Forest Service releases draft Decision on Maroon Bells –Snowmass Wilderness Overnight Visitor Use Management Plan

Forest Service releases draft Decision on Maroon Bells –Snowmass Wilderness Overnight Visitor Use Management Plan

Aspen, Colo. – June 29, 2017 – The Forest Service announces the release of the draft Decision for the Maroon Bells-Snowmass Wilderness Overnight Visitor Use Management Plan (Plan). The Deciding Official, White River National Forest Supervisor, Scott Fitzwilliams, has chosen to implement Alternative 2 (the Proposed Action) based on public comment and findings of the Environmental Assessment. Alternative 2 is adoption of the Plan, which sets comprehensive and adaptive management direction for overnight use for the Maroon Bells-Snowmass Wilderness located on the White River and Gunnison National Forests. 

“The decision is based on the years of monitoring data, public input, extensive inventories and the environmental analysis findings that demonstrated the need for action to protect the natural resources from increasing degradation resulting from overnight use,” stated Karen Schroyer, Aspen-Sopris District Ranger.

The Plan will be implemented in phases as technical processes, physical and financial capacities allow. In Phase 1, the Forest will implement a reservation system as soon as possible for a limited entry overnight permit starting with the Conundrum Hot Springs and the Conundrum Creek zones. This reservation system is expected to be in place by the summer season of 2018 pending objections and depending on technical feasibility and resources. 

Conundrum Hot Springs and the Conundrum Creek travel corridor is a place where the Forest has documented years of resource damage and impact. The popularity of the high-elevation, hot spring- hike has led to overcrowding and has caused impacts related to camping such as unburied human waste, campsite hardening, erosion, tree cutting, illegal campfires and dog waste. Last year, 136 pounds of trash was packed out of Conundrum Hot Springs by Wilderness Rangers.

“Although much of the implementation details are yet to be worked out, we are exploring options through the Recreation.gov reservation site, a tool to create an online reservation system for the area,” stated Schroyer.

Any reservation system used to allocate overnight camping capacity per zone would likely include a fee for the reservation transaction. The approximate price for a reservation for one person through the Recreation.gov system is currently $10. Fees are per reservation, not per night. Groups of up to 10 can be under a single reservation.

“While the announcement of this draft Decision is an exciting milestone for addressing impacts in the Maroon Bells-Snowmass Wilderness, we will be looking for ways in the future to ensure we have the resources to implement the Plan long-term,” stated Schroyer.

The White River National Forest will be looking into options for providing additional resources that could include a permit fee under the Federal Land Recreation Enhancement Act (FLREA), since implementation of the Plan will require additional resources for restoration and enhanced services on the ground that are currently not being provided. A separate public process is required for new or increased FLREA fees.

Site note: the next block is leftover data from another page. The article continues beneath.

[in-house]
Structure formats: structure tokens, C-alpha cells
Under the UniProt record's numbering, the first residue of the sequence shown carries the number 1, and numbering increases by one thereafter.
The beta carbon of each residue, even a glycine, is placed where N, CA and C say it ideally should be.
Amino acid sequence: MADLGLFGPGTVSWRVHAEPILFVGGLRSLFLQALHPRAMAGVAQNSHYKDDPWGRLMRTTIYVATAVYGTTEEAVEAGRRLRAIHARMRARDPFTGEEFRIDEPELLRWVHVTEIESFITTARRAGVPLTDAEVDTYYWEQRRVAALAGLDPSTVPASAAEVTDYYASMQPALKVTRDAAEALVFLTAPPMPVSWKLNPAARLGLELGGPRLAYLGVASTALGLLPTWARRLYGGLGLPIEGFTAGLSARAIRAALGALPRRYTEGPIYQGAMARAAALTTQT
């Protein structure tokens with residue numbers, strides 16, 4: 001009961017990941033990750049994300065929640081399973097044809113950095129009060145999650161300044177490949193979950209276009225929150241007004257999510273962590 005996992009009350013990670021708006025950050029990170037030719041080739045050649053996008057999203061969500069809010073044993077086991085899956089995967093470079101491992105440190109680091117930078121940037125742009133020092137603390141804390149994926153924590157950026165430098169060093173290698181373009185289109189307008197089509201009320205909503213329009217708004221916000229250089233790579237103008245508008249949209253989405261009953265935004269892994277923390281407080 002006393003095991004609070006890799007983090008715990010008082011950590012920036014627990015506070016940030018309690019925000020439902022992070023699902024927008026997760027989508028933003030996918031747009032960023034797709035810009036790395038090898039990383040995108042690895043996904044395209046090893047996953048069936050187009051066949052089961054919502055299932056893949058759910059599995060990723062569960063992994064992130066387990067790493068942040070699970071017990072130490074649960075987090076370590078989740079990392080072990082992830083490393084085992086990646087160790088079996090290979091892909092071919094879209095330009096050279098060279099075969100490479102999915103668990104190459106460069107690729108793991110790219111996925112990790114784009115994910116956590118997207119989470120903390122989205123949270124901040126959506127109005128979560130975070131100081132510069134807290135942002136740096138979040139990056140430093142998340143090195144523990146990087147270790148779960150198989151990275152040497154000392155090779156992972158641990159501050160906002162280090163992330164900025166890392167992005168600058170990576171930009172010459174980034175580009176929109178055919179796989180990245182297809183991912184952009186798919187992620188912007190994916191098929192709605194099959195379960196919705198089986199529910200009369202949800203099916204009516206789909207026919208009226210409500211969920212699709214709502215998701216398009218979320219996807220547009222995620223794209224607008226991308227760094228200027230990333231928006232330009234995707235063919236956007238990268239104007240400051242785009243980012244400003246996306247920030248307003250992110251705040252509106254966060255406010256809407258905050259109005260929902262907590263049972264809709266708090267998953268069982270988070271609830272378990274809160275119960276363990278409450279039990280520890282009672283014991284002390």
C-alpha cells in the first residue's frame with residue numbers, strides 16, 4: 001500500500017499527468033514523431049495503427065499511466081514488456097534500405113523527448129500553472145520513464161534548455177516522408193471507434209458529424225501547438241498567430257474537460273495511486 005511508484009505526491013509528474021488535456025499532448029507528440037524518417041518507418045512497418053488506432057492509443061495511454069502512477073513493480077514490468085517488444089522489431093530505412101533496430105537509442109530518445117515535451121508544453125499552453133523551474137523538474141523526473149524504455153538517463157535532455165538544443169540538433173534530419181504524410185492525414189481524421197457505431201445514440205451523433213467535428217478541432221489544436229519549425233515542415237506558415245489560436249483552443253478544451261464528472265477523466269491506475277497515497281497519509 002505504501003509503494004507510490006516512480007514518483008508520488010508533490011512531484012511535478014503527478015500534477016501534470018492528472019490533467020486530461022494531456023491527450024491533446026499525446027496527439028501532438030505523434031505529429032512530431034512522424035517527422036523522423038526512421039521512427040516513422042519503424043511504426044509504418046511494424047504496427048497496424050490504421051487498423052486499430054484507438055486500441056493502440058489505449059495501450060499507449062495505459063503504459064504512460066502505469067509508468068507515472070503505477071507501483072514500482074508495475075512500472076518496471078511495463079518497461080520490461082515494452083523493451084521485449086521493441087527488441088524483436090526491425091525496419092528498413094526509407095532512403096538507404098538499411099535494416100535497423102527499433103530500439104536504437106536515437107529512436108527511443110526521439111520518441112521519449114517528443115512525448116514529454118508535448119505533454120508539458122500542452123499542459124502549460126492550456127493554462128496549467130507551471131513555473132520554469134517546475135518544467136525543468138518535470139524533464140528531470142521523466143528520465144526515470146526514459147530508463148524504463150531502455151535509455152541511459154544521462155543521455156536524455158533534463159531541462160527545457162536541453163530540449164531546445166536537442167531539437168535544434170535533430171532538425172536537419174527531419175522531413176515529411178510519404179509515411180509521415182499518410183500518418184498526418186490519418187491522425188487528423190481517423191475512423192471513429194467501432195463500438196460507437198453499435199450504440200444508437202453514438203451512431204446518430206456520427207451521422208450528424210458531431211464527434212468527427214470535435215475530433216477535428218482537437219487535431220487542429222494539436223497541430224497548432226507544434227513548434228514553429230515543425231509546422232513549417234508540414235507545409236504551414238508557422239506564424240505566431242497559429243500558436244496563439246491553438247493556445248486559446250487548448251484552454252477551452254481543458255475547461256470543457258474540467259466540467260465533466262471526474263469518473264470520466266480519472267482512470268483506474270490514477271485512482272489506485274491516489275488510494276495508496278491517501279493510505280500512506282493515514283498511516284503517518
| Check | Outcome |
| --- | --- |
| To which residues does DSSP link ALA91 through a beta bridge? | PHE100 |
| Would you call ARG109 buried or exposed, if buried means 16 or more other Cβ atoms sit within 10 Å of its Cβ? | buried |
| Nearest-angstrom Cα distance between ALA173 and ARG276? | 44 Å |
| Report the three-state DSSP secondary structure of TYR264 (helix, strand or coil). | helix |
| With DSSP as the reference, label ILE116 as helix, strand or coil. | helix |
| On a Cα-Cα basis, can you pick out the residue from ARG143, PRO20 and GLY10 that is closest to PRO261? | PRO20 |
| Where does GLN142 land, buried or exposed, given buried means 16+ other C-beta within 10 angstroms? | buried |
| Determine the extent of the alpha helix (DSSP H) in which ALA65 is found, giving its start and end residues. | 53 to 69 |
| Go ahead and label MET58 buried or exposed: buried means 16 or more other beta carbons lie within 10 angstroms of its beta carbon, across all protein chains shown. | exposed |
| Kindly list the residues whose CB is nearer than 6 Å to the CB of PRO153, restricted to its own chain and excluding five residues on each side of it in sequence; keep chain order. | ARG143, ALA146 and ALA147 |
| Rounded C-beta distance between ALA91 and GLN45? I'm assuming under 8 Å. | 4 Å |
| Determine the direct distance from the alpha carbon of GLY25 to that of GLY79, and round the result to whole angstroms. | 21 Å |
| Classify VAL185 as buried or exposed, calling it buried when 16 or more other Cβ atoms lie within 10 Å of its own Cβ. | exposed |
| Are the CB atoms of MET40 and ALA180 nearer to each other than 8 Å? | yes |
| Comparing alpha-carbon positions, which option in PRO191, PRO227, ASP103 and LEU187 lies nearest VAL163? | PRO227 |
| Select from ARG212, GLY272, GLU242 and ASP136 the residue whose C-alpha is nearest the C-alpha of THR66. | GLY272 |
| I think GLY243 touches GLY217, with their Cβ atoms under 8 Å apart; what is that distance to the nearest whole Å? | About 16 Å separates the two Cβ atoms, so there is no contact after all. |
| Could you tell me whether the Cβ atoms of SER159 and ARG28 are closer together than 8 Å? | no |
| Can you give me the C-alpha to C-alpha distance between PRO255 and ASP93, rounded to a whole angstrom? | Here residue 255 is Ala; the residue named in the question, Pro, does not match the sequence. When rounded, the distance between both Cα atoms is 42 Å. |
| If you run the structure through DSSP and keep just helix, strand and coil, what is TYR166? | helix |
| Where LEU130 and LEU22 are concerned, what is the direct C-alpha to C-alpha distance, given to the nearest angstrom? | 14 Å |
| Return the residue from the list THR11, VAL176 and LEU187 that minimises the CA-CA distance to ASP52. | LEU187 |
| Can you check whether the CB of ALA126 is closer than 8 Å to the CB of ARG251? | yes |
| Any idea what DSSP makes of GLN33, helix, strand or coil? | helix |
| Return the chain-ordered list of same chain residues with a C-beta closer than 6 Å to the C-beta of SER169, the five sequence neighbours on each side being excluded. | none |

Phase 2 of the planned implementation will be for the Four Pass Loop, which will include Crater Lake, Maroon Lake, Snowmass Lake, North Fork, East Fork and Upper Snowmass zones. Implementation for the Four Pass Loop reservation system is expected to occur sometime after the Conundrum Hot Springs and Conundrum Creek zone implementation. The Four Pass Loop is recognized worldwide as a premier 28- mile backpacking loop. Over the years, the Four Pass Loop has seen resource impacts due to increased levels of overnight camping such as human waste issues, campsite proliferation, vegetation damage, soil erosion and loss of vegetation due to illegal campfires. During the 2016 summer season, Wilderness Rangers encountered 273 incidences of unburied human waste in the Maroon Bells-Snowmass Wilderness.

Phase 3 will focus on implementation for the Capital Lake and Lower Capital zones after successful implementation of Phases 1 and 2.

Objections Process

The release of this draft decision initiates the 45-day objections period. Individuals who submitted timely and specific written comments during the scoping period (initiated Nov. 3, 2016) and/or the comment period (initiated March 29, 2017) will have eligibility to file an objection to the draft DN under 36 CFR 218.

Project documents are available for download on the White River National Forest website at https://www.fs.usda.gov/project/?project=49388. Hardcopies may be reviewed at the Aspen-Sopris Ranger District, in Carbondale, Colorado.

Objections, including attachments, must be filed via mail, fax, email, hand-delivery, express delivery or messenger service (Monday through Friday, 8 a.m. to 4:30 p.m., excluding holidays) to: Reviewing Officer, Brian Ferebee, Regional Forester, USDA Forest Service, Rocky Mountain Region, 1617 Cole Blvd, Lakewood, CO 80401; FAX: (303) 275-5134, or email r02admin_review@fs.fed.us.

Objections must be submitted within 45 calendar days following the publication of a legal notice in the Glenwood Springs Post Independent. The legal notice is anticipated to be published June 29, 2017. The publication date in the newspaper of record is the exclusive means for calculating the time to file an objection. Those wishing to object should not rely upon dates or timeframe information provided by any other source. The regulations prohibit extending the time to file an objection.

 

 

 

 

 





https://www.fs.usda.gov/detail/whiteriver/news-events/?cid=FSEPRD548189